The Court then evaluated whether the alleged advertisements were “disease” or “structure/function” claims. With respect to the “supports heart health” claim, the Court relied on guidance and regulations from the FDA that found that similar advertisements (like “helps maintain cardiovascular function”) were structure/function claims. Bayer, pp. 9-10. For the “supports immunity” claim, again, the Court relied on FDA guidance to note that similar claims (like “supports the immune system”) had been determined to be structure/function claims. Bayer, p. 11. Thus, because Bayer’s advertising consisted of structure/function claims, the express preemption of the FDCA prevented the plaintiffs from using state law to impose liability against Bayer for making illegal “disease” claims. The plaintiffs were given leave to amend, however, to allege “by virtue of specifically identified packaging or marketing” that Bayer was actually linking these advertisements to the prevention or treatment of disease. Bayer, p. 11.
Simply proving that the FDCA and DSHEA preempted the plaintiffs’ attempts to impose liability under state law was only half the battle. Indeed, under both state law and DSHEA, advertisements may not be false or deceptive, so state laws requiring truthful advertising of supplements are not preempted. Bayer, p. 9. Thus, as an alternative theory, the plaintiffs argued that the statements “supports heart health,” “supports immunity,” and “supports physical energy” were false and misleading even if they were not illegal “disease” claims. Bayer, pp. 12-13.
The Court found that the plaintiffs’ complaint failed to adequately allege the falsity of the “heart health” and “immunity” claims. The Court noted that the complaint cited numerous studies attempting to show that the ingredients in Bayer’s products did not treat or prevent heart diseaseor provide immunity from disease. Bayer, p. 13. Those studies, however, would only disprove the advertising if the advertising consisted of “disease” claims. Bayer, p. 13. Since, under preemption, the “heart health” and “immunity” claims were permissible structure/function claims, the plaintiffs “are limited to alleging that Bayer’s statements that its Supplements ‘support’ or help heart health and immunity are false.” Bayer, p. 13. As the complaint’s allegations did not disprove the structure/function claims, the claims based on the “heart health” and “immunity” statements were dismissed with leave to amend. Bayer, p. 14.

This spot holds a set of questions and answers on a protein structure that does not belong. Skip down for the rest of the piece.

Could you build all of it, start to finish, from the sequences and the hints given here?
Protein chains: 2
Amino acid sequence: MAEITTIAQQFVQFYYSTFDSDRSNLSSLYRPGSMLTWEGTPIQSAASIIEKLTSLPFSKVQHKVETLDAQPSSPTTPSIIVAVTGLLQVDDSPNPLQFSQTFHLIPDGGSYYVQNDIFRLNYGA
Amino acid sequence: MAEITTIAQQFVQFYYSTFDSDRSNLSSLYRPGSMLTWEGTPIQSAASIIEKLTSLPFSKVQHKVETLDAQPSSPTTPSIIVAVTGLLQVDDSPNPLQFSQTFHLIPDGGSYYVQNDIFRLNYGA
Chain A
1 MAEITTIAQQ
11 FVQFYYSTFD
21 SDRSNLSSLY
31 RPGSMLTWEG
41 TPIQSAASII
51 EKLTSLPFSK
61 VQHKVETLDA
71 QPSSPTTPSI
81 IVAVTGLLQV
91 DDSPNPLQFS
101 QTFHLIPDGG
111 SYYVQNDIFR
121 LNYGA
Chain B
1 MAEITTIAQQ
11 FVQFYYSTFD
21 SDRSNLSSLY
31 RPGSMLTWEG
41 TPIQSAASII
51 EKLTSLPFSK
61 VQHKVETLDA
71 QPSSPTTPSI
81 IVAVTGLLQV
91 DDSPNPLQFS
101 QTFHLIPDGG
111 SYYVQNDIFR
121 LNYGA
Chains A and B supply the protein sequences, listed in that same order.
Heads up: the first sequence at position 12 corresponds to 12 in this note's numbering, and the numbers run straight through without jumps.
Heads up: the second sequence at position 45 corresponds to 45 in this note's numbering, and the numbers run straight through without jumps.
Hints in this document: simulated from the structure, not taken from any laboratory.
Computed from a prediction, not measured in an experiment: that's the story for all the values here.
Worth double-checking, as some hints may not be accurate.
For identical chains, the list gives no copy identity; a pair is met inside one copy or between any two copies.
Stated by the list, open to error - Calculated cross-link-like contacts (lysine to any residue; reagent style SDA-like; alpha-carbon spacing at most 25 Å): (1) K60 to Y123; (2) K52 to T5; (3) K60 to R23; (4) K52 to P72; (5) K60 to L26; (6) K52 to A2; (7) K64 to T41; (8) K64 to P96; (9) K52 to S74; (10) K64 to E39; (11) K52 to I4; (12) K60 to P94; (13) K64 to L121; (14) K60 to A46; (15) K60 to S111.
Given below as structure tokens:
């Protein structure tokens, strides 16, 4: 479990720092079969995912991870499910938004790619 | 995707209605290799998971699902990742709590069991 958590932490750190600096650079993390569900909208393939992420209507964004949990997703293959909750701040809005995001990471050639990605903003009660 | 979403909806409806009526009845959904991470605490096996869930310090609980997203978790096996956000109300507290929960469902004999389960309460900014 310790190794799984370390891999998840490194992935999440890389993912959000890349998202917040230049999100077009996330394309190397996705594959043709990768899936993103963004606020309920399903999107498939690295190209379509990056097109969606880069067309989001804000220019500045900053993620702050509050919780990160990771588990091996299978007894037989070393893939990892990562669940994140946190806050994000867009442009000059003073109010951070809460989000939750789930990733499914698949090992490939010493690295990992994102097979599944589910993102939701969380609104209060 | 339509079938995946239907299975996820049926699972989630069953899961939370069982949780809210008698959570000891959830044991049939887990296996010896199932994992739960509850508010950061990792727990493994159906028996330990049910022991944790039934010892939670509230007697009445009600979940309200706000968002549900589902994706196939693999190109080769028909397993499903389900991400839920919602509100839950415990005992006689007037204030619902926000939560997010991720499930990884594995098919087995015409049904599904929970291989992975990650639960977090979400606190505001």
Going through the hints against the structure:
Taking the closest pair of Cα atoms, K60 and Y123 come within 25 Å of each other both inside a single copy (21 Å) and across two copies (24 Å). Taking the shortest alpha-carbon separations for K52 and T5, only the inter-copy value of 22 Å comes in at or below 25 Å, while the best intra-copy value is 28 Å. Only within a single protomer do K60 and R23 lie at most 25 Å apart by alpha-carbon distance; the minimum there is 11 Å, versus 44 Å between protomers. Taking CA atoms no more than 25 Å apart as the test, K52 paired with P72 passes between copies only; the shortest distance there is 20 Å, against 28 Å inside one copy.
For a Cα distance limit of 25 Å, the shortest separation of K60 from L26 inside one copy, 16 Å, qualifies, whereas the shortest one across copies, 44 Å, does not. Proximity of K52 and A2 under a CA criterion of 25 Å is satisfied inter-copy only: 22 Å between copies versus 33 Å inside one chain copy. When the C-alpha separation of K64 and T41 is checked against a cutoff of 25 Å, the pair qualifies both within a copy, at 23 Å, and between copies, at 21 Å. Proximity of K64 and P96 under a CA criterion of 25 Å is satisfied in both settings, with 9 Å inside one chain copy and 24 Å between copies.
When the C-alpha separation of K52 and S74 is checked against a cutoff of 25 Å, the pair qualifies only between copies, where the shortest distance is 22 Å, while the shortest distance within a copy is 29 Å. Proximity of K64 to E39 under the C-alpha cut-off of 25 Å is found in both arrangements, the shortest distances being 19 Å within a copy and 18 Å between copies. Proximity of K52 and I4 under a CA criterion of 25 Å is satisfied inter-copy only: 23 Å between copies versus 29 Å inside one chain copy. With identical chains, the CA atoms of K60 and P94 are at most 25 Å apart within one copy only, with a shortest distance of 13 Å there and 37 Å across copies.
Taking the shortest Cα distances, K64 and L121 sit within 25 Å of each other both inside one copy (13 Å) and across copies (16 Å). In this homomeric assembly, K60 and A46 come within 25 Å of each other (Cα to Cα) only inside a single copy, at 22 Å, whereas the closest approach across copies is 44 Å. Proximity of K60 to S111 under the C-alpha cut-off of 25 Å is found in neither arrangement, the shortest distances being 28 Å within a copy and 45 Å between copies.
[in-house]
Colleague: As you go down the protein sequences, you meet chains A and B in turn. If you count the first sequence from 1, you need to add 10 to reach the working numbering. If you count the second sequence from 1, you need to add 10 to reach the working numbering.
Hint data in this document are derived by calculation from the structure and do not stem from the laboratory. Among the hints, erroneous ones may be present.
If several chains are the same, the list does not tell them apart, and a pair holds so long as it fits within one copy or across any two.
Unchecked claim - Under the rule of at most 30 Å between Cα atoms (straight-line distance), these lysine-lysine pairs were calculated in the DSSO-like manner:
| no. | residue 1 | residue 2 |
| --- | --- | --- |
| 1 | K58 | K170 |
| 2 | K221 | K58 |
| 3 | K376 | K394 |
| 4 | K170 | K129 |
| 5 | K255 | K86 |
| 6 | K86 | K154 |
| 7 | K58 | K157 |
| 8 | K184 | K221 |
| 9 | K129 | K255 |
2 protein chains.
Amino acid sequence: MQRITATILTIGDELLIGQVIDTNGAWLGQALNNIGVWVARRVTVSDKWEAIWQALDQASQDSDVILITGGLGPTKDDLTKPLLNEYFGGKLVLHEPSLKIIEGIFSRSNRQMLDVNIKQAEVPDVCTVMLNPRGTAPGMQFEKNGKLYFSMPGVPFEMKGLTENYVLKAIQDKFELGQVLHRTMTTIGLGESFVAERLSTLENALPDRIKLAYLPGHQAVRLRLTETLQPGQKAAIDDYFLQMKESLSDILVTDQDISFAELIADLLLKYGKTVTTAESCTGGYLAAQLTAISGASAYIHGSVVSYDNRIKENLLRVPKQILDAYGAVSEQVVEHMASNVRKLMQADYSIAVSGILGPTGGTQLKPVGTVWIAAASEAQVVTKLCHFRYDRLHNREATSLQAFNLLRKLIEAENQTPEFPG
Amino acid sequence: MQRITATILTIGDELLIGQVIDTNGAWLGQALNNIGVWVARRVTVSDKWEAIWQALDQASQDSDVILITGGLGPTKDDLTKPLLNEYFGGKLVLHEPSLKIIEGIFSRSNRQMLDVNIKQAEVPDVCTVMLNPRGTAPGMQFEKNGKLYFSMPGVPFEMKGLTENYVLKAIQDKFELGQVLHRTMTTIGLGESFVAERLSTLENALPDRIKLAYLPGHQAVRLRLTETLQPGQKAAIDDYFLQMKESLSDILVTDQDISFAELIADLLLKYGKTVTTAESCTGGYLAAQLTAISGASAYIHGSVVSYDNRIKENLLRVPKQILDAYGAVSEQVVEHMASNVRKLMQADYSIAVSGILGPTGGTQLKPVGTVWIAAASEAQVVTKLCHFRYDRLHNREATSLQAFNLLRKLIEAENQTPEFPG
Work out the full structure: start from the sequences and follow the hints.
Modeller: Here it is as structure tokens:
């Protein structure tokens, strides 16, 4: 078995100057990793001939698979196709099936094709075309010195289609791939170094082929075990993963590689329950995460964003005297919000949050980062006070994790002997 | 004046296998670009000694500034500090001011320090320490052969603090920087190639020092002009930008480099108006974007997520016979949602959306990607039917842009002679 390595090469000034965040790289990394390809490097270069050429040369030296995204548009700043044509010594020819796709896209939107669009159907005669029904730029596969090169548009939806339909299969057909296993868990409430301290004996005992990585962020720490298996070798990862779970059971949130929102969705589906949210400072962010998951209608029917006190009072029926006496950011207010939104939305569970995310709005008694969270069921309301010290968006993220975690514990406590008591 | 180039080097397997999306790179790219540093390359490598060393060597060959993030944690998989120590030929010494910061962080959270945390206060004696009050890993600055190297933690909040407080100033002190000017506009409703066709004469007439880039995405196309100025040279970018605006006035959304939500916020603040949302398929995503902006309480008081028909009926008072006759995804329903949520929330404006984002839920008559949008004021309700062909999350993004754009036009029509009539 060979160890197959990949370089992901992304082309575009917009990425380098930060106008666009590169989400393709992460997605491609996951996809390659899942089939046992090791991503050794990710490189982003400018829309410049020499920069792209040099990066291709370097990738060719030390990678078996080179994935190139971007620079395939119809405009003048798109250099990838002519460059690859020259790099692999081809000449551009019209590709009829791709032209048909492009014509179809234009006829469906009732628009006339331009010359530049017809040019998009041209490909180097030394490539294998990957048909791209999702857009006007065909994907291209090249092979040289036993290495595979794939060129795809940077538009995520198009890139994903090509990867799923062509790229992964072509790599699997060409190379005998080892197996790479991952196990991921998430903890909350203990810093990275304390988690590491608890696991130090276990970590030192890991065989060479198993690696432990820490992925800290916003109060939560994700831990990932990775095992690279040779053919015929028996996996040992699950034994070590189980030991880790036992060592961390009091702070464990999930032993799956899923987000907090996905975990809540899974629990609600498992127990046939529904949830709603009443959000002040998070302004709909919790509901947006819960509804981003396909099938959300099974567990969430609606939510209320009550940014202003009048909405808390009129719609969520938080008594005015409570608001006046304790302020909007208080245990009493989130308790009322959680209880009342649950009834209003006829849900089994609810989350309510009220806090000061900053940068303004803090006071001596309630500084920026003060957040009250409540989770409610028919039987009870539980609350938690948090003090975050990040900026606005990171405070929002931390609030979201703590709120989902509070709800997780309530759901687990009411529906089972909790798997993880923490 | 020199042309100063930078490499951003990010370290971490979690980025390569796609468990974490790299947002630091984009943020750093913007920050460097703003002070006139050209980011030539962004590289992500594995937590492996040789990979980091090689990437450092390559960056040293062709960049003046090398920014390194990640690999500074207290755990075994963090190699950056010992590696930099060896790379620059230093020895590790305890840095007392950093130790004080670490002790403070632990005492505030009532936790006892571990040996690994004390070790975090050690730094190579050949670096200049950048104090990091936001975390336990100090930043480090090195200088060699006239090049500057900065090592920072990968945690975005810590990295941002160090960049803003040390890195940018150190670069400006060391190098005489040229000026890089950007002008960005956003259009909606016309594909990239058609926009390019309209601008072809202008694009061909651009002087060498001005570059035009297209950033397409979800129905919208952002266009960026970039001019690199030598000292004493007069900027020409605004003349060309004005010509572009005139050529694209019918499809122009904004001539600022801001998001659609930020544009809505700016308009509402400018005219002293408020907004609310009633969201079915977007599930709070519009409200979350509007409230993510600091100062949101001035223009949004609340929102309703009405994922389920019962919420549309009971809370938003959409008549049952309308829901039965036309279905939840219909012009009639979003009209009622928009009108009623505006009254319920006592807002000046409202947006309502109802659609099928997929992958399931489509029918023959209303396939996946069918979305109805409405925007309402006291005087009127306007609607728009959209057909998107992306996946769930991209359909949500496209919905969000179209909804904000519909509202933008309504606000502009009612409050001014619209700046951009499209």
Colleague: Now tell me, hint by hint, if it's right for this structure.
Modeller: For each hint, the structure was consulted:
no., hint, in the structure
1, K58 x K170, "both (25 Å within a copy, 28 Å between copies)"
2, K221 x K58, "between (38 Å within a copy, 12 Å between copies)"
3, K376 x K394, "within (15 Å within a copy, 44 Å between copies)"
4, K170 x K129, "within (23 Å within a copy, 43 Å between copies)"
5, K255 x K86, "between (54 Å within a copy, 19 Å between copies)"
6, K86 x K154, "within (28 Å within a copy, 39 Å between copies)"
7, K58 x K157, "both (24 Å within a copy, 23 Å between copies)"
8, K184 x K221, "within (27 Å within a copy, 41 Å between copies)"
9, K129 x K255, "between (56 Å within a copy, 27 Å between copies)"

The Court reached a different result with respect to the “supports physical energy” advertisement. The complaint alleged that scientific evidence “confirms that the vitamins Bayer asserts help support immunity do ‘not affect the energy levels of typical Americans.’” Bayer, p. 14. Although Bayer attempted to argue that the studies were only inconclusive, the Court found that, on a motion to dismiss, the record was too undeveloped to dismiss the claims as a matter of law and, therefore, claims based on the advertisement of supporting “physical energy” were allowed to proceed. Bayer, p. 14.
The Bayer decision shows the interplay between federal regulations governing supplement advertisements and state laws addressing false advertising. In finding that the FDCA’s preemption provisions apply to DSHEA, the Court suggests that, if the advertising adheres to federal law, then a defendant can limit its liability for “illegal” advertising under state law. That being said, no amount of preemption will allow supplement manufacturers to use false statements to advertise their products: regardless of whether it is a “structure/function” claim or a “disease” claim, the advertising must not be misleading. However, as demonstrated by the Bayer decision, the distinction between these kinds of claims is still relevant because it defines what evidence would be required to prove their falsity, greatly magnifying the importance of finding FDA guidance and regulations regarding advertisements that are similar to the claims at issue.